After my mysterious instant messaging incident, I had to go out for a while. I picked up some folders, put some random printouts in them as necessary cover for my escape, and I ran. Past the cubicles, and the sweet-smelling fabric. Past the phone chatter. Hallway. Waiting. Elevator. Movement. Lobby.

The sun.

The street feels surreal every time I arrive in it. Any street. Day or night, out of my apartment or out of the office. Nothing belongs to me, but nothing is distant. The sounds, the people, the asphalt, everything is immediate and close. I want to hold it all in one hand, then hide it in my pocket.

Or toss it away, maybe. As one would do with a penny, one of those that seem to persist in their attachment to pockets.

Throwing something away is the ultimate act of ownership.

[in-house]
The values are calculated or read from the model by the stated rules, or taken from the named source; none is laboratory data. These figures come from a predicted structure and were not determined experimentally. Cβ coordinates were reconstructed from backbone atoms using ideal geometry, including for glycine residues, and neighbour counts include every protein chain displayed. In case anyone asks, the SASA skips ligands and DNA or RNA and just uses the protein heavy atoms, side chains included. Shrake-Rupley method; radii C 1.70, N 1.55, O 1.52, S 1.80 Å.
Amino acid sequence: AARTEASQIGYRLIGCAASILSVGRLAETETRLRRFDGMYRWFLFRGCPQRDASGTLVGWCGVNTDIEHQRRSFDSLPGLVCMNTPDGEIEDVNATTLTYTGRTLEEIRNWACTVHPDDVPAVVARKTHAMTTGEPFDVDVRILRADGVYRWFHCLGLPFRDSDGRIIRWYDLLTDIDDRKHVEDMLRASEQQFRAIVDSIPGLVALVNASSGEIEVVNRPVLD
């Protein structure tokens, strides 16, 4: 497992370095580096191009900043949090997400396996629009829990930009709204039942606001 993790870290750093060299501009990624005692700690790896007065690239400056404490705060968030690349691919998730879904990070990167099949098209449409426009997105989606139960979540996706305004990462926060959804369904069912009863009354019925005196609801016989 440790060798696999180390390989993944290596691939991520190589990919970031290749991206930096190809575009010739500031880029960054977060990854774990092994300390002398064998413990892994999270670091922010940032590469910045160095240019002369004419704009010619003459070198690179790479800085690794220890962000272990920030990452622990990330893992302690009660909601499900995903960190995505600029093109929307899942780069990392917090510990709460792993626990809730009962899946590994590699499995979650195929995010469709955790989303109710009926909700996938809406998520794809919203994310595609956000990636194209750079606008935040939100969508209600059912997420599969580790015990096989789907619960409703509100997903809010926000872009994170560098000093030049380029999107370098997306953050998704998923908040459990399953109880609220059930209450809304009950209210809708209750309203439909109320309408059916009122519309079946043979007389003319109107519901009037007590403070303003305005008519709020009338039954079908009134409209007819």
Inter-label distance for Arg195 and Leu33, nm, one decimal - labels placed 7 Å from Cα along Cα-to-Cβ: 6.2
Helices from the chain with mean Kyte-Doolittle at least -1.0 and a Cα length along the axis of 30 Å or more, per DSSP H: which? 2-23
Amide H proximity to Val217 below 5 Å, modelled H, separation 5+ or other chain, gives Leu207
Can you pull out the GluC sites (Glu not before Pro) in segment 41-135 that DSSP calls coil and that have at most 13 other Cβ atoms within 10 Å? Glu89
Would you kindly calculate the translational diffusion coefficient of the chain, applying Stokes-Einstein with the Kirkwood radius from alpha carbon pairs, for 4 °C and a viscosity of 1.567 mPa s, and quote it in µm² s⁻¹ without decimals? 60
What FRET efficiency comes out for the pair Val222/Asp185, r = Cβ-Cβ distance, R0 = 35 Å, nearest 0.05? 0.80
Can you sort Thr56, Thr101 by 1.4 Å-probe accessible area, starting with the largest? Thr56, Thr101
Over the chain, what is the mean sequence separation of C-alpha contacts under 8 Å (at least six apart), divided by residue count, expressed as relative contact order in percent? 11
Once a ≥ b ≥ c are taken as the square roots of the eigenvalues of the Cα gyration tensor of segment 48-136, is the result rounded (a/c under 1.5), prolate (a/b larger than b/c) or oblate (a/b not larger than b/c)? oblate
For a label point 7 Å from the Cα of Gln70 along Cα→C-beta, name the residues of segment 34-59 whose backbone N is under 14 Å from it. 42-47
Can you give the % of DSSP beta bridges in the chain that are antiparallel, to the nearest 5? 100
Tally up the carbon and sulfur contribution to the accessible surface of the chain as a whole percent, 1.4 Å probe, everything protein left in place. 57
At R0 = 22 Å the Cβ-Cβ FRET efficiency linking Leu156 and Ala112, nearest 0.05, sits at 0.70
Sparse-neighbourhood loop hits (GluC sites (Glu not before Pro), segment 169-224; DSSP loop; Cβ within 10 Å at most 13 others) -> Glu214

I walk slowly. Suits and faces blur past me as in a dream. When I reach the corner I look into the pub I never enter since it's too close to work, and I dive in. As the door closes behind me, the noises and sounds of the street morph into a low rumble and the world becomes a tv show seen through tinted windows.

I sit in a corner and I call out for a coffee, the barman nods. By the time the coffee reaches me, a cigarette is already in my mouth, lit. As I taste the coffee I read the warning label on the package. SMOKING CAUSES CANCER, it says. Then comes a faint voice inside my head: thank you, come again!

The instant messaging window comes back into my head, blinking incessantly. What was it that Sally said? First of all, after the niceties were exchanged, two hellos typed away like so many dir commands, she said, I'm not sally.

Yeah, that stood out.

Then, I'm looking for a package, and then, are you sure?

Of course I was sure, I said, as I looked back at the package.

Then, abruptly, Sally went offline. No more Sally. Which led to my panicky escape, and this moment of solace at the bar.

The smoke paints tiny pools of turbulence in the air. Wasn't Sally on vacation? I don't know, and I start to wish I wouldn't nod off at every meeting. And if it wasn't she behind the screens, and the cables... I wonder...